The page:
Eritrea & Ethiopia’s Border Dispute

  • Share
  • CevherShare
  • Share

After our discussion about the complexity of the immigration issue in the United States and the border conflict with Mexico, I was curious to see how the discourse about the Eritrea-Ethiopia border dispute has been and whether there are any signs of a solution.

Just for a little history, Eritrea is a East African country and former Italian colony that borders Ethiopia, Sudan and Djibouti. The Eritrean Liberation Front and the Eritrean People’s Liberation Front were the two separatist groups fighting the Ethiopian government to win Eritrea’s independence from Ethiopia in 1961. After 30 years of war, Eritreans voted in a referendum for independence from Ethiopia in 1993 and was recognized officially by the United Nations.

Unfortunately a vote for independence is not that simple, because then came the task of defining the boundaries of these two independent states. This created tension between the Eritrean and Ethiopian governments and led to a war between 1998 and 2000. A boundary commission was created by the Algiers Agreement to assess the conflict after fighting stopped.  There are reports of more confrontations since then up until 2010 between the two states. As of 2011, Ethiopia is in control of the town of Badme even though the commission ruled that it rightfully belonged to Eritrea. Both countries are still training and deploying a standing army at the border according to a 2008 UN report along with UN peacekeeping forces.

What I find so troubling is all the time, energy and resources put into this war and all the lives lost when no concrete, real solution was found. It really shows how right former President Oscar Arias is about how useless and harmful armies are when there are so many important social, economic, and humanitarian problems that need to be funded. Eritrea has so many issues that its secretive, repressive authoritarian regime refuses to acknowledge in order to maintain a facade of stability and prosperity that warrants respect and fear on the international arena. It has a current negative spotlight on it because of accusations of supporting the Somali militant group, al Shabab.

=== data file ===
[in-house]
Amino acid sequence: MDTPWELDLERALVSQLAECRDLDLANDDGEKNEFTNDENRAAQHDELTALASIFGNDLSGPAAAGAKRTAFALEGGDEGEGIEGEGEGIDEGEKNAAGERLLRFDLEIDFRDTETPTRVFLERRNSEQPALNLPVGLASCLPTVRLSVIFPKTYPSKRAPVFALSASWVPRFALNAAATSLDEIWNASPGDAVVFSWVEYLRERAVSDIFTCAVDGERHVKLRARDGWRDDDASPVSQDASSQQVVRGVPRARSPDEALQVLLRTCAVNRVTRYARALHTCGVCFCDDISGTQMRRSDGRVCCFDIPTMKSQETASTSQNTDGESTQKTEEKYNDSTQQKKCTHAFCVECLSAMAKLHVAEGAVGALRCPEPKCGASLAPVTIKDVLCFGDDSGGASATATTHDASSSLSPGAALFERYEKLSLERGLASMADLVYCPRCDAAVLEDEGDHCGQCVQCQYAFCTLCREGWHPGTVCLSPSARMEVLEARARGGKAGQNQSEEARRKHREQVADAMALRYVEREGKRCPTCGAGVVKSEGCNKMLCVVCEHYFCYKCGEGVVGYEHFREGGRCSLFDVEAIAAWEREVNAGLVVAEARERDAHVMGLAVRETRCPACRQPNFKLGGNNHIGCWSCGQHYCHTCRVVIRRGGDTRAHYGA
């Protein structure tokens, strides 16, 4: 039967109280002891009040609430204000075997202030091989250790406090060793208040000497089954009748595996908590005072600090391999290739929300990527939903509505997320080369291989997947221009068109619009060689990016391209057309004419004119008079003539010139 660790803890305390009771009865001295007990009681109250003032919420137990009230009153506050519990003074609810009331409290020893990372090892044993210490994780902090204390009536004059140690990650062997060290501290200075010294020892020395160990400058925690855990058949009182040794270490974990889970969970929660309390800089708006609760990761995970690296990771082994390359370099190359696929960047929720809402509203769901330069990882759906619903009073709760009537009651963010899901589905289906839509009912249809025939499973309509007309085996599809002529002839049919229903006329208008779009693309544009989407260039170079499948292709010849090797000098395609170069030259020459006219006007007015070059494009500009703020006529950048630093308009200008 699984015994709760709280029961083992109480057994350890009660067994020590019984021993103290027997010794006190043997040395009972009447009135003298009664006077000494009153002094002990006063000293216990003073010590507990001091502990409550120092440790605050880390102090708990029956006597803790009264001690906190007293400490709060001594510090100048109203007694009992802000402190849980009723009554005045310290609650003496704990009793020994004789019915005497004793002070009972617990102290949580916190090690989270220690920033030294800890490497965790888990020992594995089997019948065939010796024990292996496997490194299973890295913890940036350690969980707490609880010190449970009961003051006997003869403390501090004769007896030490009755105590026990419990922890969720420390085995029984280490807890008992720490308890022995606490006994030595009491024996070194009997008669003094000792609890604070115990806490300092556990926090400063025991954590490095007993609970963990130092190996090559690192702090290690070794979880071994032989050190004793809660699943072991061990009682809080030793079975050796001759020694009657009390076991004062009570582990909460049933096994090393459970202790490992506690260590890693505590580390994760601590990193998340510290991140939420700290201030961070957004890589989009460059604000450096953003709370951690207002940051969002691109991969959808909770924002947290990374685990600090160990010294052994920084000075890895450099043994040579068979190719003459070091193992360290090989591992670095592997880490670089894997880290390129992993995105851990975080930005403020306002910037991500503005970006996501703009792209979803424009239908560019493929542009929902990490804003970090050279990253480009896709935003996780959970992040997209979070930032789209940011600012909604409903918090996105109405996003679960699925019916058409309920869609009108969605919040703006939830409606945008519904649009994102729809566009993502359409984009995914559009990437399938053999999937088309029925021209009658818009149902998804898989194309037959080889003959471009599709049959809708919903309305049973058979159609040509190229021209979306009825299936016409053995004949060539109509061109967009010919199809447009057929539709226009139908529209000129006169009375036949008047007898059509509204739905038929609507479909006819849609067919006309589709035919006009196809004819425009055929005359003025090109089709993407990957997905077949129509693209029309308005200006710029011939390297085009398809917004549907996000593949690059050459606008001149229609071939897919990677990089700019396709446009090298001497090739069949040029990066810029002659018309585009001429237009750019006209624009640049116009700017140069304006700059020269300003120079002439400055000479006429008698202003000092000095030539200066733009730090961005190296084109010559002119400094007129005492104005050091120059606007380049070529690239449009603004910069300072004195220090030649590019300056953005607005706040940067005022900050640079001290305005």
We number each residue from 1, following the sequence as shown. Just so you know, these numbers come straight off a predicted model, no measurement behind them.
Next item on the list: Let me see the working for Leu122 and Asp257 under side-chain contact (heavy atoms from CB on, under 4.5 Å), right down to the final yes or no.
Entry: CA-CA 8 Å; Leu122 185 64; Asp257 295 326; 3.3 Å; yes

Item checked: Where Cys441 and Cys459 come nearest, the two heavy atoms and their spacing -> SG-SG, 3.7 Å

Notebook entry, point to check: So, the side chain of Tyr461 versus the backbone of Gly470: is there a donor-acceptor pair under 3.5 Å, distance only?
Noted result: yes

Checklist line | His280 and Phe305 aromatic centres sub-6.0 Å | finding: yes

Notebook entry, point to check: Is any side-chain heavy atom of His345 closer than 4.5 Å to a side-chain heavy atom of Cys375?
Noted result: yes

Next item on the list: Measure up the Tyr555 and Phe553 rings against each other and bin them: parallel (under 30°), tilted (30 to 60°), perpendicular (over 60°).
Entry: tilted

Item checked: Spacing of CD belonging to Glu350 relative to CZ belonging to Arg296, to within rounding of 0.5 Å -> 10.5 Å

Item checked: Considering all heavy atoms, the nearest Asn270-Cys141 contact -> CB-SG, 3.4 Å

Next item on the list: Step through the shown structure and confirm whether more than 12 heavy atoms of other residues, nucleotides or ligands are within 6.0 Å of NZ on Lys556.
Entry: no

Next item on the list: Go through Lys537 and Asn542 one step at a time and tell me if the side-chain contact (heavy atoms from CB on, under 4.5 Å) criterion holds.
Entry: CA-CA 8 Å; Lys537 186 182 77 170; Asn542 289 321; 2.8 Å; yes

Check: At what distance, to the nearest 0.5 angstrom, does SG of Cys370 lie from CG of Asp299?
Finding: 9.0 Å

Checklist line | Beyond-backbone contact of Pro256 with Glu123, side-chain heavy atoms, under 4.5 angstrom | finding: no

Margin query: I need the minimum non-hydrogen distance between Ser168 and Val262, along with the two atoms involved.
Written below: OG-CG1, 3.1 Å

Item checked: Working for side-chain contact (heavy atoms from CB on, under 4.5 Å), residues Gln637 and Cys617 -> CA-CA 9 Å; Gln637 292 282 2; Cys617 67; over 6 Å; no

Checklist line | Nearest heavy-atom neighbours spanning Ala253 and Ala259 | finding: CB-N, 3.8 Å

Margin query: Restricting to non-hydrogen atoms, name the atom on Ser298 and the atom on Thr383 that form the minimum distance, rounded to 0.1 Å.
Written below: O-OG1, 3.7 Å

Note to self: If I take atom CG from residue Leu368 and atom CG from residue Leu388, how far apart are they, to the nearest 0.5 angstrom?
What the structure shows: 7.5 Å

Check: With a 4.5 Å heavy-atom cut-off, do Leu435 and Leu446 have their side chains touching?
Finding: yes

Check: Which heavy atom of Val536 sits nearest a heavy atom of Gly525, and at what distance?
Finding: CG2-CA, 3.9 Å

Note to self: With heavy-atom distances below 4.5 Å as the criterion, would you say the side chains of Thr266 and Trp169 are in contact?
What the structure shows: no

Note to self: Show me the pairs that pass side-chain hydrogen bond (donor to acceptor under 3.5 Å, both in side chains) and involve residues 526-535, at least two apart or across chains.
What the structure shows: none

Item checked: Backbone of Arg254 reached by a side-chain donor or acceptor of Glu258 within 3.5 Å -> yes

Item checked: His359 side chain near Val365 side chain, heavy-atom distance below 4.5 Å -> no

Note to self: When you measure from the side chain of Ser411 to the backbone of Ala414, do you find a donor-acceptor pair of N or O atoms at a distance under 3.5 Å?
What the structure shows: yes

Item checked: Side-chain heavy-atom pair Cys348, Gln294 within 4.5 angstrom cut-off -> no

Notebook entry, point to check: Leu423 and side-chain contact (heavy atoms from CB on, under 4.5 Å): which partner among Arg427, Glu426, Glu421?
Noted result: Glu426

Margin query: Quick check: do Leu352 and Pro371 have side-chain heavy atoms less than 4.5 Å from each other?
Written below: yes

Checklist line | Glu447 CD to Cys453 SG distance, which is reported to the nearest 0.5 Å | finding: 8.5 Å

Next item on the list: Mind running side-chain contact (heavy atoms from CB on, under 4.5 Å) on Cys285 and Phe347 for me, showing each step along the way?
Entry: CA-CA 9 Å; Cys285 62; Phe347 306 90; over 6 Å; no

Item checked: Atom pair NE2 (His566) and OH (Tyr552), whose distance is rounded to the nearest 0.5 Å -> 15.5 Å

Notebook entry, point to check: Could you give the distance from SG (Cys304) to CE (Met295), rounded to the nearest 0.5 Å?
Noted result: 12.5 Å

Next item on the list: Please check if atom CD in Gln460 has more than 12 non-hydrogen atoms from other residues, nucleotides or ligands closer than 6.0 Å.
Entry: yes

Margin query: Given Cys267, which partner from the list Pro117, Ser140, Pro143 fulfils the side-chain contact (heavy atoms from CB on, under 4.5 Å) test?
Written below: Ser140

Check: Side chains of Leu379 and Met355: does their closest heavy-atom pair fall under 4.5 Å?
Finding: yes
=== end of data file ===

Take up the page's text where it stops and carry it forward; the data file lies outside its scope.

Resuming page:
I did find a website created with a focus on the Eritrea-Ethiopia Conflict that appears to be written from a sympathetic Eritrean perspective. It puts the blame on Ethiopia for not committing to peaceful means to solve the border issue.

Ethiopia continues to demand that Eritrea must unilaterally and unconditionally withdraw from areas Ethiopia claims and that Ethiopia administers these areas as a precondition. If not, it goes to war.


I wonder if a border commission that brought responsible and important officials from the US and Mexico would help the dialogue, even though it obviously hasn’t brought results for Eritrea and Ethiopia yet. The way Eritrea has used its border issue to justify sacrifices in human rights and freedom isn’t too far from what the United States could do if we allow extreme voices to dominate the immigration discourse and let facts be dismissed. We need to operate by our values and live by them with each policy and agreement we make.